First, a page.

My garden has lived up to all my hopes and dreams Thank you MGS Languedoc for making it all possible.

Text: Jocelyn van Riemsdijk
Photos: MGF Photo library

This plant list was created by MGF member and garden designer, Hilary Ivey, for the garden in Jocelyn’s new home in Saint-Siffret. Jocelyn was the branch head of MGS Languedoc for its first five years and a founder member of MGF.

La descente de la terrasse vers le jardin du bas est devenue un jardin de rocaille, plein de plantes méditerranéennes qui adorent le soleil, l’ensemble brillamment dessiné par Hilary Ivey. De la terre propre a été ajoutée, contenant du gravier pour donner un drainage musclé, et de grosses pierres d’une carrière locale ont été posées pour créer des microclimats pour les plantes ayant des besoins spéciaux. La plantation initiale a été faite par les membres de la société pendant ‘la Grande Journée de plantation’ au début octobre 2010. Les plantes proviennent en grande partie de la Pépinière Filippi, même si certaines ont depuis été remplacées.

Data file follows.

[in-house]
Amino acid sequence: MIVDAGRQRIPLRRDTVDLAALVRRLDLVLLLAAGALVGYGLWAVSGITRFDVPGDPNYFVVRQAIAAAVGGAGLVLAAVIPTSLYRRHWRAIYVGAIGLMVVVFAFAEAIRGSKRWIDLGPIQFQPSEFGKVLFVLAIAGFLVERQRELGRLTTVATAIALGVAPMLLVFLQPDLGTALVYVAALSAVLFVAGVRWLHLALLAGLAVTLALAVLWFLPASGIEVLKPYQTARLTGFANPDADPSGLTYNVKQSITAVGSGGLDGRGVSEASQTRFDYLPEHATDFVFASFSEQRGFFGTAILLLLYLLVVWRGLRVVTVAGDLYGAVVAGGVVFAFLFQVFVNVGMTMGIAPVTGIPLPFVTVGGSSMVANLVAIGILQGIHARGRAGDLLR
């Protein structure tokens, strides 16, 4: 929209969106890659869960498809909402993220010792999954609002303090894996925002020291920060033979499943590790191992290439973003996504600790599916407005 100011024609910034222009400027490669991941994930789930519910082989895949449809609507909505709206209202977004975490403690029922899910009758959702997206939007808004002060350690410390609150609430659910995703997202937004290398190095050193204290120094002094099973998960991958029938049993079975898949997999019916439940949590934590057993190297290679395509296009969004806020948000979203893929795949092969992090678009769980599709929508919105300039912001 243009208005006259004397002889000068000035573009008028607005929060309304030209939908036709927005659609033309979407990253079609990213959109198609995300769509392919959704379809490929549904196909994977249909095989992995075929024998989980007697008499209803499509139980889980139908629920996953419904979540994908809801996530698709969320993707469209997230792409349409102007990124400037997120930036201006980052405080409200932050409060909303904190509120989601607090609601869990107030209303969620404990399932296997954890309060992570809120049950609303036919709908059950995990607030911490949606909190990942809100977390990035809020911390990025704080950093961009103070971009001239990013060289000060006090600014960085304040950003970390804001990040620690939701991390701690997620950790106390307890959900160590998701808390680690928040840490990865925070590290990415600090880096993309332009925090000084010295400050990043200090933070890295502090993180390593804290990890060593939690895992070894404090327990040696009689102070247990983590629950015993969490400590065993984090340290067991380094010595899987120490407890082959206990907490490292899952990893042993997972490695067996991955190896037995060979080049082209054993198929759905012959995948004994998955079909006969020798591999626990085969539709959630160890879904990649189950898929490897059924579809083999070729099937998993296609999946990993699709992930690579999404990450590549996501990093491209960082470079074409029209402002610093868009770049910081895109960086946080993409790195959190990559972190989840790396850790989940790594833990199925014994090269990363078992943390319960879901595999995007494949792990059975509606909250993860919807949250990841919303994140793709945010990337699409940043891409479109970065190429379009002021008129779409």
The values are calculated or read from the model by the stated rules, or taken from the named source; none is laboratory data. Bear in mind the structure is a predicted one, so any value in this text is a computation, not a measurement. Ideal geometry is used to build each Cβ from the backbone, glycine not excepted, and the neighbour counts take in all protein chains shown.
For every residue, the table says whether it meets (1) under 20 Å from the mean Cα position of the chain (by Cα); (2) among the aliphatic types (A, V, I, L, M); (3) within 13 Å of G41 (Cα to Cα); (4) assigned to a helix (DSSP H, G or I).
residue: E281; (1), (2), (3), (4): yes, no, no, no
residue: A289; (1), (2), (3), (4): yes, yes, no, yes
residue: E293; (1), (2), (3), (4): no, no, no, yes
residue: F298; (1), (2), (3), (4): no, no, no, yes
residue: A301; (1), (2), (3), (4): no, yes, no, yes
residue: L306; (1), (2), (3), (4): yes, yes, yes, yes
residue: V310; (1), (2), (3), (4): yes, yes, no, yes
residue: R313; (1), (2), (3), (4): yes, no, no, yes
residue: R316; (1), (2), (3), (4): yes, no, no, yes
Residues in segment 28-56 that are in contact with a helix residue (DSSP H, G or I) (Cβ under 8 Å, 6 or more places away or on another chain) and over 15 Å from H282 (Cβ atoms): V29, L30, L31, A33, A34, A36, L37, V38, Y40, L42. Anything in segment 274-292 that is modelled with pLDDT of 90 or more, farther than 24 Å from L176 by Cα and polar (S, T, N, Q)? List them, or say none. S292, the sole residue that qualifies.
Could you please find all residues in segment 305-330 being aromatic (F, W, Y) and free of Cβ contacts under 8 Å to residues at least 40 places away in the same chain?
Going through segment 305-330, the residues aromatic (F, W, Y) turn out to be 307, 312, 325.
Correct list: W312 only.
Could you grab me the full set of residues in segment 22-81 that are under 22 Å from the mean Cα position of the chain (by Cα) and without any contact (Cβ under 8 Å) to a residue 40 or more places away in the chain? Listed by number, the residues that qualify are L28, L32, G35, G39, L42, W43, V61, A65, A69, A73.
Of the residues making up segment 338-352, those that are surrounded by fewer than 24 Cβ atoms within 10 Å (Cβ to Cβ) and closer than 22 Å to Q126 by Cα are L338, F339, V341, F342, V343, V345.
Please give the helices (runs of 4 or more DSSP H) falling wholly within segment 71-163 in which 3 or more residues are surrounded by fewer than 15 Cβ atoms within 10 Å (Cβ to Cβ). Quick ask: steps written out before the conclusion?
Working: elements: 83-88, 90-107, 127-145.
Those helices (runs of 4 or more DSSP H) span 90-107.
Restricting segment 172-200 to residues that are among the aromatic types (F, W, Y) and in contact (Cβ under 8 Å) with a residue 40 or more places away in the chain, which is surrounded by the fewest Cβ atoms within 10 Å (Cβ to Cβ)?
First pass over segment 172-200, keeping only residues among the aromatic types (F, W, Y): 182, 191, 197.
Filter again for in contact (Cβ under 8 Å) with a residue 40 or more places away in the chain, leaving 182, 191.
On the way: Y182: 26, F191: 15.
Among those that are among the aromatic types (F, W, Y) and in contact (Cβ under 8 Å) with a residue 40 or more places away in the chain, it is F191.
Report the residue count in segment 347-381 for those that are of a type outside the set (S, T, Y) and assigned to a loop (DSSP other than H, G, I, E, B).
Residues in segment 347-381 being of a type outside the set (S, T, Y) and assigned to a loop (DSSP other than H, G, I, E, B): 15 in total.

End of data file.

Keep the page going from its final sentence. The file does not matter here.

Les grands succès incluant Rosmarinus officinalis ‘Boule’ et les cultivars d’autres romarin, Lavandula x intermedia ‘Grosso’ et ‘Alba’, Artemisia lanata, Centaurea bella, Ballota acetabulosa, y compris de nombreux sauges Salvia chamaedryoides, S. blancoana (syn. S. lavandulifolia ssp. blancoana) et S. microphylla et plusieurs géraniums. Ces plantes créent une mer de gris, mauve, bleu et rose, habituellement fourmillant d’abeilles, papillons et mites sphinx colibri. Les euphorbes ajoutent une note vert-jaune acide au printemps, et les Iris x germanica sauvages et I. pallida ‘Variegata’, blanc et jaune, ajoutent eux de la hauteur et de la texture. Au printemps, des Cyclamen coum, des narcisses et tulipes sauvages, ainsi que des scilles, un ixiolirion et d’autres bulbes, ajoutent la vivacité et des couleurs vives. Certaines plantes arrivent et partent, mais l’effet global reste harmonieux et mon chat, Livi, et les lézards, adorent les cailloux.